Senators Ignore Rhetoric, Consider Scaling Back Their PlanThe Washington Post reports that key Senate Finance Committee negotiators spoke on a conference call Thursday, continued their efforts toward crafting a bi-partisan bill, didn't rule out the option of scaling back their legislation and rejected Democratic leadership's effort to impose a deadline on their talks. "Before leaving for the month-long recess, Baucus had pegged the cost of the negotiators' ideas at less than $900 billion over the next decade. Thursday's discussions focused on driving that cost lower, the sources said. The senators also shared tales from their home states, where some lawmakers have been besieged by protesters angry about a potential government takeover of the nation's health-care system." The group has agreed to meet again Sept. 4 (Montgomery and Kornblut, 8/21).
Roll Call: "There was no breakthrough in the negotiations, which began in June. But Finance Chairman Max Baucus (D-Mont.) said in a statement that negotiators remain committed to reaching a bipartisan agreement on health care reform and that additional meetings are planned before the Senate returns to Washington, D.C., after Labor Day" (Drucker, 8/21).
The New York Times: "... one lawmaker who participated Thursday night in a conference call among six Republican and Democratic senators trying to reach bipartisan agreement on a health care plan said the senators agreed to keep working together and asked staff members to focus on making health coverage more affordable while holding down medical costs. 'We are hanging in there,' said Senator Kent Conrad, Democrat of North Dakota, after the telephone conference of almost one hour and 40 minutes. 'Is it easy? No. But I tell you, I have never seen a group with a greater sense of purpose than this group'" (Zeleny and Hulse, 8/20).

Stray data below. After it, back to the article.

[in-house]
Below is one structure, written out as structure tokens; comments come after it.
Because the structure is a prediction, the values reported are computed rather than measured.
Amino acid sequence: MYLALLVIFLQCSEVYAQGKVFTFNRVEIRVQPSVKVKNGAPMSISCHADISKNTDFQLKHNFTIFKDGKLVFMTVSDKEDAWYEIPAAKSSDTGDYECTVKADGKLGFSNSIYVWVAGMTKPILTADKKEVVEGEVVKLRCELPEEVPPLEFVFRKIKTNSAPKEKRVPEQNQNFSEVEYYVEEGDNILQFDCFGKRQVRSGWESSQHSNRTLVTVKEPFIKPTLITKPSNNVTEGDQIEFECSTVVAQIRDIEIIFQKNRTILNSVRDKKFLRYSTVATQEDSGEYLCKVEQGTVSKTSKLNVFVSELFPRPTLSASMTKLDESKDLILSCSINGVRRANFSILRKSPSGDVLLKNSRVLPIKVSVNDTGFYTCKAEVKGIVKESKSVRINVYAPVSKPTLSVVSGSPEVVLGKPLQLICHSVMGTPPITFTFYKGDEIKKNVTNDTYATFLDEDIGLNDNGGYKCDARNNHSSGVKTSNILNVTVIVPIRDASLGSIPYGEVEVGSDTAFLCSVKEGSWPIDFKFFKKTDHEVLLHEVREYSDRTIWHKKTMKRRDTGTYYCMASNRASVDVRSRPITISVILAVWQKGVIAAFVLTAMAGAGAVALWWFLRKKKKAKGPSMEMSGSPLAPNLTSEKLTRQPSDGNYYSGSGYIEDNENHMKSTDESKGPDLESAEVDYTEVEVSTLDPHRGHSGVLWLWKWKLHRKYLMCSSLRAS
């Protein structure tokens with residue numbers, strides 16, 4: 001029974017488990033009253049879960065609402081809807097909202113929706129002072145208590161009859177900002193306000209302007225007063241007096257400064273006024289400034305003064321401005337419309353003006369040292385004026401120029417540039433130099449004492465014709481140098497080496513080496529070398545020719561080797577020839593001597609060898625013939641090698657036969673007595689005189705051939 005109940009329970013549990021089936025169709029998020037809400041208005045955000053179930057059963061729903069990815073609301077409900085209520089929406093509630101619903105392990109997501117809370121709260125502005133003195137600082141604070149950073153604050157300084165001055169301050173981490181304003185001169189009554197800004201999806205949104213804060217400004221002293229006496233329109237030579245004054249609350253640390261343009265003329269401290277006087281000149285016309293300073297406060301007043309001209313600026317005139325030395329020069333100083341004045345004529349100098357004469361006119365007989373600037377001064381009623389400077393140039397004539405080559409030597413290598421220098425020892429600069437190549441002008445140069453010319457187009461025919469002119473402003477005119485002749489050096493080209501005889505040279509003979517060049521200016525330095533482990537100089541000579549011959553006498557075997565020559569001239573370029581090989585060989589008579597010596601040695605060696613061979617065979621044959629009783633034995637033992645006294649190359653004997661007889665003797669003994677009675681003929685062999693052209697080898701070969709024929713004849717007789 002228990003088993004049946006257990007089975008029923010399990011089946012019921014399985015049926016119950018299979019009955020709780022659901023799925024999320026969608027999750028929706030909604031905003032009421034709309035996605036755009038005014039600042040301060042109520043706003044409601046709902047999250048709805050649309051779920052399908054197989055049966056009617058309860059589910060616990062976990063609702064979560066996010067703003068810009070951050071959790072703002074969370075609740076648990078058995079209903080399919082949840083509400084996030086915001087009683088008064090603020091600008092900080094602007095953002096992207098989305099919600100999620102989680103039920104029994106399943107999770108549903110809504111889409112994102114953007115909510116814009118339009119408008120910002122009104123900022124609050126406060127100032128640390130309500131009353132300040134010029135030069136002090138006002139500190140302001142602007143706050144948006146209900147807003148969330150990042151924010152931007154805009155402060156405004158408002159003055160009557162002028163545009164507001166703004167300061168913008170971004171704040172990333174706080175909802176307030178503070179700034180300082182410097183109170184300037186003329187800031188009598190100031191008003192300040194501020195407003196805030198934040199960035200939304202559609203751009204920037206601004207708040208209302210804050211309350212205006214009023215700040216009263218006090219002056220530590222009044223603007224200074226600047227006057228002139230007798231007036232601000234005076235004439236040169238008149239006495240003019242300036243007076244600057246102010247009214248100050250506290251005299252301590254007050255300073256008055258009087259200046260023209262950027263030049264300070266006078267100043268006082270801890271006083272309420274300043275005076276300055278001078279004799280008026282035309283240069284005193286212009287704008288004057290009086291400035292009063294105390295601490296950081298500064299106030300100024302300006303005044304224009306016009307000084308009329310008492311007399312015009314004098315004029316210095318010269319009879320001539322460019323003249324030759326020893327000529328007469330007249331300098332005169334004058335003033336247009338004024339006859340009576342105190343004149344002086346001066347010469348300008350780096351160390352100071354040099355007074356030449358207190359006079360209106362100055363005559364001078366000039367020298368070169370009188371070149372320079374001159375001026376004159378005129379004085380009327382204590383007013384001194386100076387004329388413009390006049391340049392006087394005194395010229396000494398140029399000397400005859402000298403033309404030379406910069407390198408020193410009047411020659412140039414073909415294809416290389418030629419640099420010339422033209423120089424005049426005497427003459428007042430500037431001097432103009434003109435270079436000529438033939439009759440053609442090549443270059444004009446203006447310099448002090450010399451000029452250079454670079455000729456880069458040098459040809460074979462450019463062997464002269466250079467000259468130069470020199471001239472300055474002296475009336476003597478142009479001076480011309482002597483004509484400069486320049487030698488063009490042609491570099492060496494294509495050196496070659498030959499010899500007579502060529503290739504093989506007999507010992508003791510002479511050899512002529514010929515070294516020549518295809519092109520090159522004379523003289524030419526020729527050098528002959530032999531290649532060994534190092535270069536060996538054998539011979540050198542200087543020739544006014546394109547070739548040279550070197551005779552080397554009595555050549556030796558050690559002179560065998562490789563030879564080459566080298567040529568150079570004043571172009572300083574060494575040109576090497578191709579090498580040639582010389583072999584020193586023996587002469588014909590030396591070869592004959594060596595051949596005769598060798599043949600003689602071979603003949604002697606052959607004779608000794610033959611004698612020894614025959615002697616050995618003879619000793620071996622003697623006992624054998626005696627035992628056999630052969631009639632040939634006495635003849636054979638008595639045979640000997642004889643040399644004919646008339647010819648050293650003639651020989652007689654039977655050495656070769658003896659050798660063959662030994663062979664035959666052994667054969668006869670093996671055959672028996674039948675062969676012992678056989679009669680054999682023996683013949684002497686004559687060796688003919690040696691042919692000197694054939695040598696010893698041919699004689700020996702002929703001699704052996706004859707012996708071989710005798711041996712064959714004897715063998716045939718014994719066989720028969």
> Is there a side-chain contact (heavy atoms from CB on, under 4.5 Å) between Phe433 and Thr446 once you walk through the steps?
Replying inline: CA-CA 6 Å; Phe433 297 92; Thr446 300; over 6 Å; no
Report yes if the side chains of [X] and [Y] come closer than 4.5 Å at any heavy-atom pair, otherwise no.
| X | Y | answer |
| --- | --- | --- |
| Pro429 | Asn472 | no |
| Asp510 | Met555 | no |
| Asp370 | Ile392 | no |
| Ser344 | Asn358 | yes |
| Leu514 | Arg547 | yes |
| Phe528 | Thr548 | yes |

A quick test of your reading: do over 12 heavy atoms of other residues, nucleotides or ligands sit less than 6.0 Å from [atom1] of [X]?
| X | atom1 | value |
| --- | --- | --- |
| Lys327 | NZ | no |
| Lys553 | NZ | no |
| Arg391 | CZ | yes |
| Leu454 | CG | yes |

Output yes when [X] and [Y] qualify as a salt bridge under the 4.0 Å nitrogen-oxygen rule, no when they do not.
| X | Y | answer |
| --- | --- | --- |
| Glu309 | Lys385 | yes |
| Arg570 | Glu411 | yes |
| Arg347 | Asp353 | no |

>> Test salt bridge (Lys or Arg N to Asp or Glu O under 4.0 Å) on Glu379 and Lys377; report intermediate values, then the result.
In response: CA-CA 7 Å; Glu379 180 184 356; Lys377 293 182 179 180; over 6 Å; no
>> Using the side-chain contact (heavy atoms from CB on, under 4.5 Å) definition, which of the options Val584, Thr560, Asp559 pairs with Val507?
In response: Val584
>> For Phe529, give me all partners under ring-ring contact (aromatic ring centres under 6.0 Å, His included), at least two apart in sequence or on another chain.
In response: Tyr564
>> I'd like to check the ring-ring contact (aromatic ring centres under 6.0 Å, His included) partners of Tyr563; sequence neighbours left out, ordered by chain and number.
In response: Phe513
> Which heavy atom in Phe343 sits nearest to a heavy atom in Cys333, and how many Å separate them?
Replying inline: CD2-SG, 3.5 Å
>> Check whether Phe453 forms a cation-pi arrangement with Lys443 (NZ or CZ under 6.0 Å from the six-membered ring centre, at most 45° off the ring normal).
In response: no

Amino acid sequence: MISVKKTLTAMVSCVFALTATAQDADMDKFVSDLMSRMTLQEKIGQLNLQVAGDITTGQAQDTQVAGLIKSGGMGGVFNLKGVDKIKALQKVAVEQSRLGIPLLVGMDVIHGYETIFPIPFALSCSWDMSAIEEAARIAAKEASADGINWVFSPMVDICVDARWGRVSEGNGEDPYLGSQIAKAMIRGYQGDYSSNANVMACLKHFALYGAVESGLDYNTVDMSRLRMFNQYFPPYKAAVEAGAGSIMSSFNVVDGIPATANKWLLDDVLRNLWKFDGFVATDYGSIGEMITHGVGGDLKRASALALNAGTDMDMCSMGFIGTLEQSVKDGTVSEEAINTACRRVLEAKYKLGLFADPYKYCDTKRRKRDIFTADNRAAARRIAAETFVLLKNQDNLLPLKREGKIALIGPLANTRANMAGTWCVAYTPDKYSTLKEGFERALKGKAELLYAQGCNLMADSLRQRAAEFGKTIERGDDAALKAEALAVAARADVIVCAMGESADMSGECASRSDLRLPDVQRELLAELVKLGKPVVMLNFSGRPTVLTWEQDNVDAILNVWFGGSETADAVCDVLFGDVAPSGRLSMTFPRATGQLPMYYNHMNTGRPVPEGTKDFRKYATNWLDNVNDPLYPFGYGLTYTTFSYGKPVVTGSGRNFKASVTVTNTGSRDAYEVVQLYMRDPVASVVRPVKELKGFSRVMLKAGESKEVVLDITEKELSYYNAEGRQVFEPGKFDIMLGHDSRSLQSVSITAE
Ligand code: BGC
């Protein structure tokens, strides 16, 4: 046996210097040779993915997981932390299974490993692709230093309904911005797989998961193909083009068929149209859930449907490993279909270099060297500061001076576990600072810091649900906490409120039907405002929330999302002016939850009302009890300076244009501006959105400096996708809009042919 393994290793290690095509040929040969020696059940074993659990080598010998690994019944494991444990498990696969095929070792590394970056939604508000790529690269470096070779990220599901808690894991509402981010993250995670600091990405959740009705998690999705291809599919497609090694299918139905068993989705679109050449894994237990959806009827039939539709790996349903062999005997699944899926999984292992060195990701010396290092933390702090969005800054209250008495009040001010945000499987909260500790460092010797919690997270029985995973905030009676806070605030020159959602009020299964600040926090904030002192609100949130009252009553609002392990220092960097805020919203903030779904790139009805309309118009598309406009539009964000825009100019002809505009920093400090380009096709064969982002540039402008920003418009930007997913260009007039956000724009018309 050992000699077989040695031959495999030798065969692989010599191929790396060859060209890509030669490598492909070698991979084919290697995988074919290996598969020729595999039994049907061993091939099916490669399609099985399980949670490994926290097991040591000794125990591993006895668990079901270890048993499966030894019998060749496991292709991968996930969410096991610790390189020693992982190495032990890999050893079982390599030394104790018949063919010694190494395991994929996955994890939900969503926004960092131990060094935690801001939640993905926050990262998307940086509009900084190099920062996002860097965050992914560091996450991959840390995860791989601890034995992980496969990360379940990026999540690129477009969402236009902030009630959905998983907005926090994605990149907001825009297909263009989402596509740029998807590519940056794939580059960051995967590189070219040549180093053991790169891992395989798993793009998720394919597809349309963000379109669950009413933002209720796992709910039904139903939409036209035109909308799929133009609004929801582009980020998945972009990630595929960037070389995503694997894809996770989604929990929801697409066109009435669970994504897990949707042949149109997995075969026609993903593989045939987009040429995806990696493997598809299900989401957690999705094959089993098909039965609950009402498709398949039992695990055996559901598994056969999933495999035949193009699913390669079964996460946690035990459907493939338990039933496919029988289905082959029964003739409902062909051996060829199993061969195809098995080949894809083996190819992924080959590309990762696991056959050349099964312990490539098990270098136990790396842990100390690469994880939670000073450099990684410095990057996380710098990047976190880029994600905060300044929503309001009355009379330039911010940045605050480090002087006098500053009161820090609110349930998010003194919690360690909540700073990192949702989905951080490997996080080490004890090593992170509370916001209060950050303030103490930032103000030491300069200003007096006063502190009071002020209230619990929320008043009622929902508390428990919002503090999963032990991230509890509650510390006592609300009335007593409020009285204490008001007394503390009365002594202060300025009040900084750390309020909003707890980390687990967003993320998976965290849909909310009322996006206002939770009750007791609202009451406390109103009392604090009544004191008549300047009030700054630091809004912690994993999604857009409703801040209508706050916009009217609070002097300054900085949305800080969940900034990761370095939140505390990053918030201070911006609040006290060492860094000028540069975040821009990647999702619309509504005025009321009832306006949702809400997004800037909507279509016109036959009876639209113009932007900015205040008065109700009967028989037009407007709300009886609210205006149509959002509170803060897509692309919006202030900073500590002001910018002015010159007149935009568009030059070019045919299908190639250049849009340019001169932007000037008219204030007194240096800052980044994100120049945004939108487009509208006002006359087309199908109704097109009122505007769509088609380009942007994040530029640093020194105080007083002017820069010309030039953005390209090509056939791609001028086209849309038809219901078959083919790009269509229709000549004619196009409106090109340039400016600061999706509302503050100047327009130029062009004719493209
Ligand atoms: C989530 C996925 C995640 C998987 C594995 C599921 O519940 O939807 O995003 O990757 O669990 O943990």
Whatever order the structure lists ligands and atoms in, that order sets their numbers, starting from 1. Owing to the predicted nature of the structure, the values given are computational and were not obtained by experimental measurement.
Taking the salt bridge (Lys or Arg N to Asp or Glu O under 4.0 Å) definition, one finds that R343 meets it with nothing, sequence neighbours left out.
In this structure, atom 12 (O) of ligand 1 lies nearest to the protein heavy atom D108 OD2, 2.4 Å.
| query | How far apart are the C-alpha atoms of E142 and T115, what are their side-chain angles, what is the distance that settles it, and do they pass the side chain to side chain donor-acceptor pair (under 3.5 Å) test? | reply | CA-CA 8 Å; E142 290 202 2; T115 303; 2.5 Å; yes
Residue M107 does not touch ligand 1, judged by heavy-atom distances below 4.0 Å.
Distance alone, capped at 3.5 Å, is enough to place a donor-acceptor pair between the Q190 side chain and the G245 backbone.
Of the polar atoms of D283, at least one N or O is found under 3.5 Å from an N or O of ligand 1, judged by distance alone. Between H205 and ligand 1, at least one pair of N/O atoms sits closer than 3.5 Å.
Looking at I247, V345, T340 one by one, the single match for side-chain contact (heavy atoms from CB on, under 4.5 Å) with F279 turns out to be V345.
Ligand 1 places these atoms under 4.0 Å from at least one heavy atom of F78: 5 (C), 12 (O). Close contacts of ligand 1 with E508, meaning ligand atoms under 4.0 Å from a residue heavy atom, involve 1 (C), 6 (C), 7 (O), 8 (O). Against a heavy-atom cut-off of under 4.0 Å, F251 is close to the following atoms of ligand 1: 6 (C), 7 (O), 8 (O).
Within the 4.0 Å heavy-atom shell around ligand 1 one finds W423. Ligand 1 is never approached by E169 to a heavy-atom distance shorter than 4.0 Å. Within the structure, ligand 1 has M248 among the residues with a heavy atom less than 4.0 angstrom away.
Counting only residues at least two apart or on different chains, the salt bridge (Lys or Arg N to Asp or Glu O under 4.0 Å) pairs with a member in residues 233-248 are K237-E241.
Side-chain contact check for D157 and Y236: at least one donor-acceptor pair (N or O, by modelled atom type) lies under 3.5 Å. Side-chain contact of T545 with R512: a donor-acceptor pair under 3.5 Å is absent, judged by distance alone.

CongressDaily: An aide said "the White House and Majority Leader Reid are holding firm to a Sept. 15 deadline for the Finance Committee to produce bipartisan legislation" (Hunt, 8/20). This is part of the KHN Morning Briefing, a summary of health policy coverage from major news organizations. Sign up for an email subscription.